So when I came across Women to the Front, I was overjoyed because here was the book that would have made some of what I studied more interesting. Here, I discovered one hundred and twenty-nine women doctors went to the various theatres of war as surgeons and anaesthetists, pathologists and medical officers – not just nurses. These one hundred and twenty-nine women did not let the patriarchal system wear them down or chase them from the medical profession – they pushed forward, became doctors in the decades leading up to the war and volunteered to go.

At first, of course, they were often denied. They were called ‘lady doctors’, the assumption being they couldn’t handle the battlefield reality the men heading over would face. Of course, these 129 women went on to prove the society wrong. These women were serving their country and doing their jo, a job they loved doing and that at the time, was probably not as common as it is today, due to societal expectations from parents, and all those around them, often based on class. Books like this – fiction and non-fiction, driven by women and what they can do, not just romance, are amongst my favourite because they fly in the face of what is expected or assumed women will do and like. Allowing girls and women to read and access stories like this is important because it allows them to see what they can do and be beyond what popular culture often shows.

Their stories are collected here in five parts, each divided into a year of the war, and from there, into chapters that are then divided by theatre and location for each woman or several women who worked together. From Gallipoli to Ypres and Passchendaele, the battlefields of France and Belgium, and the many men they helped and treated after battles, this book tells the stories that I wish we had learned about in history, or at least been given a side box on in text books to investigate on our own for assignments – which I tried to do for one on war memorials in Sydney – but found that for the one I wanted to do, I could not access enough information to write a decent report.

These days, we are getting more diverse historical accounts, and whilst many of these women were white and had British heritage, it is still important to read and know these stories – it shows that the war was experienced by more than just men at the front or doctors. So these stories about women doctors from Ruth Lee and Heather Sheard are an important addition to the historical record, and could be used as a text book, or even placed on a reading list for a history course that touches on or focuses on World War One.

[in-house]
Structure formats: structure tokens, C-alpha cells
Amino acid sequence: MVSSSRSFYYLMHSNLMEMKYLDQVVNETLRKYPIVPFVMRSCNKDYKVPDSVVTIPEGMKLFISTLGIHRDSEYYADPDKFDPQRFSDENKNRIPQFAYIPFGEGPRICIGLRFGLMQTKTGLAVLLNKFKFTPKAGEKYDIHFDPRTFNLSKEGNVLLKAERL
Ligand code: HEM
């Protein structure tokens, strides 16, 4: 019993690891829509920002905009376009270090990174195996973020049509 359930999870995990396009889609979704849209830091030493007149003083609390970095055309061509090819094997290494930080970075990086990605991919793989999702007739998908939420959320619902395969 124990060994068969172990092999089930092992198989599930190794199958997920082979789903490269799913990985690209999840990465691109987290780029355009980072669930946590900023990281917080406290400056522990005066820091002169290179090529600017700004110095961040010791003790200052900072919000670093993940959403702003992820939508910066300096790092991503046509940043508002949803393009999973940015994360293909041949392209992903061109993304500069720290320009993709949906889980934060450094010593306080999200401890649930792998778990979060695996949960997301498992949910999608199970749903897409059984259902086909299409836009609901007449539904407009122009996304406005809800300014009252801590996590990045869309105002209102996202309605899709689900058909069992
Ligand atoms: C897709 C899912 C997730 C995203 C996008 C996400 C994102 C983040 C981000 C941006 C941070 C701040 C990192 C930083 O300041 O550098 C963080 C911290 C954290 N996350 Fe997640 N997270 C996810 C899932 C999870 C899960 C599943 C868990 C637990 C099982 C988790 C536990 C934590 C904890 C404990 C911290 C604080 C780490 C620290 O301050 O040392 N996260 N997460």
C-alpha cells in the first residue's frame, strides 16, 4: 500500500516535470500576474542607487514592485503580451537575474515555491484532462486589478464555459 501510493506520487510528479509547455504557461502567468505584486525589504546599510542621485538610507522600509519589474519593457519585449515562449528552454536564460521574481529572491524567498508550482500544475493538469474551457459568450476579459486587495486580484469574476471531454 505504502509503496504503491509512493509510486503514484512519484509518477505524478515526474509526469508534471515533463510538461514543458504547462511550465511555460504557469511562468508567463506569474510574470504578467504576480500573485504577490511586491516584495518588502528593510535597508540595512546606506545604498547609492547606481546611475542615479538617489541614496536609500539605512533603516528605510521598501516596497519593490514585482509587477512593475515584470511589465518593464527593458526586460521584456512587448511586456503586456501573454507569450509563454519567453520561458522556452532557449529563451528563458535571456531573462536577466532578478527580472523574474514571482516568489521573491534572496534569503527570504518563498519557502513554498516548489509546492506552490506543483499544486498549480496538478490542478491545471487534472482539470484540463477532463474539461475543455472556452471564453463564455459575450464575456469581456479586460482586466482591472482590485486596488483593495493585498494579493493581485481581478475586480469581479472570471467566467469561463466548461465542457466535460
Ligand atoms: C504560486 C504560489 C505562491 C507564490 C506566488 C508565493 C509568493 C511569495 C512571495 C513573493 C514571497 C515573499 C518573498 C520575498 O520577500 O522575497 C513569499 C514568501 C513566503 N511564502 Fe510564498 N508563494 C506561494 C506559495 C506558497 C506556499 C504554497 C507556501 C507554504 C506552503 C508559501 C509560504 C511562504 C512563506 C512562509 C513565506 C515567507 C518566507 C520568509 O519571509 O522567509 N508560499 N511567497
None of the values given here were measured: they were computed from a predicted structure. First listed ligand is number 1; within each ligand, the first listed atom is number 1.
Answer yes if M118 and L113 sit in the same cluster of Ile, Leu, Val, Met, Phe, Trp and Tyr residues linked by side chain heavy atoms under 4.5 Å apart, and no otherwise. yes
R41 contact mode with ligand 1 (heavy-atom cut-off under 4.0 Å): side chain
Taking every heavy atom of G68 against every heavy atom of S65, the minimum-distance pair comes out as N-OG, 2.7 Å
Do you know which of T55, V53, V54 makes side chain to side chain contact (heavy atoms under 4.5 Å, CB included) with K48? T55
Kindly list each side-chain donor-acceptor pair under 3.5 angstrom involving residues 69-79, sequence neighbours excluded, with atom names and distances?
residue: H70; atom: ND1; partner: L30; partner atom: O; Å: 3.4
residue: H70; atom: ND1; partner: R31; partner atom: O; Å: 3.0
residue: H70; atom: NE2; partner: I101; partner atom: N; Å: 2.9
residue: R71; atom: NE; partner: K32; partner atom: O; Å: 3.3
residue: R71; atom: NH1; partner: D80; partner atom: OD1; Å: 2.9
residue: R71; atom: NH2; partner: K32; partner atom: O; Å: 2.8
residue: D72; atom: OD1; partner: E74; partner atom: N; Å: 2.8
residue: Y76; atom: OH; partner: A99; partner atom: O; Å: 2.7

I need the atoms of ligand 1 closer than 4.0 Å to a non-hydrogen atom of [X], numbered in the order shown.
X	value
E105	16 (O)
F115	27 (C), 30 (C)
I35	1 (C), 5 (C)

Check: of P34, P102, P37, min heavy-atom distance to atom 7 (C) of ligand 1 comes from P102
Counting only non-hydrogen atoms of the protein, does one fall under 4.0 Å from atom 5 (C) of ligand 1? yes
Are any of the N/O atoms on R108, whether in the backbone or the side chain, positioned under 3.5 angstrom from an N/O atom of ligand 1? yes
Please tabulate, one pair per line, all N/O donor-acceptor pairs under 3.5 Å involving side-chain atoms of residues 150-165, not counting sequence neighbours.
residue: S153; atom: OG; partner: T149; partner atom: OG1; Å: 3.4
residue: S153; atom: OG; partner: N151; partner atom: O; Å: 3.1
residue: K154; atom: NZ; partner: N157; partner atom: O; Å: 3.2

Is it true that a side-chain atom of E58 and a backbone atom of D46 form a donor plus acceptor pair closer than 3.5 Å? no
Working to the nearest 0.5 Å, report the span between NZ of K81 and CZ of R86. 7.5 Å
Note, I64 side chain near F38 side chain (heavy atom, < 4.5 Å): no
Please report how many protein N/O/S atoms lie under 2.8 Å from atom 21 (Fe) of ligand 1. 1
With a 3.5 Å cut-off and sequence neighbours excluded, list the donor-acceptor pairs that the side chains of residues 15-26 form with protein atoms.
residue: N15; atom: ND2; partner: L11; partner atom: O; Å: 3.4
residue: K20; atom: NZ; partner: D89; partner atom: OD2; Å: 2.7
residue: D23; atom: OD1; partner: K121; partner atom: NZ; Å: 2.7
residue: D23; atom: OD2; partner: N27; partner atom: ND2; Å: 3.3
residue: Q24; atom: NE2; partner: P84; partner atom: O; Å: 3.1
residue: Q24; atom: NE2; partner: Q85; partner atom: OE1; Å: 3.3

At the end of the book, there is a biography of each woman. Some are shorter than others, so much like anyone in history, sometimes more is known about one than another, yet each has their own unique story. I thoroughly enjoyed this and I’m continuously seeking the untold histories that were either ignored or erased by those who wrote the history books.

The Desert Nurse by Pamela Hart

the desert nurse.jpgTitle: The Desert Nurse

Author: Pamela Hart

Genre: Historical Fiction

Publisher: Hachette Australia

Published: 10th July 2018

Format: Paperback

Pages: 410

Price: $29.99

Synopsis: Amid the Australian Army hospitals of World War I Egypt, two deeply determined individuals find the resilience of their love tested to its limits

It’s 1911, and 21-year-old Evelyn Northey desperately wants to become a doctor. Her father forbids it, withholding the inheritance that would allow her to attend university. At the outbreak of World War I, Evelyn disobeys her father, enlisting as an army nurse bound for Egypt and the disastrous Gallipoli campaign.

Under the blazing desert sun, Evelyn develops feelings for polio survivor Dr William Brent, who believes his disability makes him unfit to marry. For Evelyn, still pursuing her goal of studying medicine, a man has no place in her future. For two such self-reliant people, relying on someone else for happiness may be the hardest challenge of all.

From the casualty tents, the fever wards and the operating theatres of the palace; through the streets of Cairo during Ramadan, to the parched desert and the grim realities of war, Pamela Hart, beloved bestselling Australian author of THE WAR BRIDE, tells the heart-wrenching story of four years that changed the world forever.

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AWW-2018-badge-roseIn 1911, Evelyn Northey has just turned twenty-one – the age she believes she will receive her inheritance from her long-dead mother and be able to go out into the world and make her own life, and her own decisions – away from the controlling home of her father. When she finds the conditions of the will – and her father’s ruling – prohibit this – she spends the next three years training to be a nurse in secret – a step towards her goal to becoming a doctor.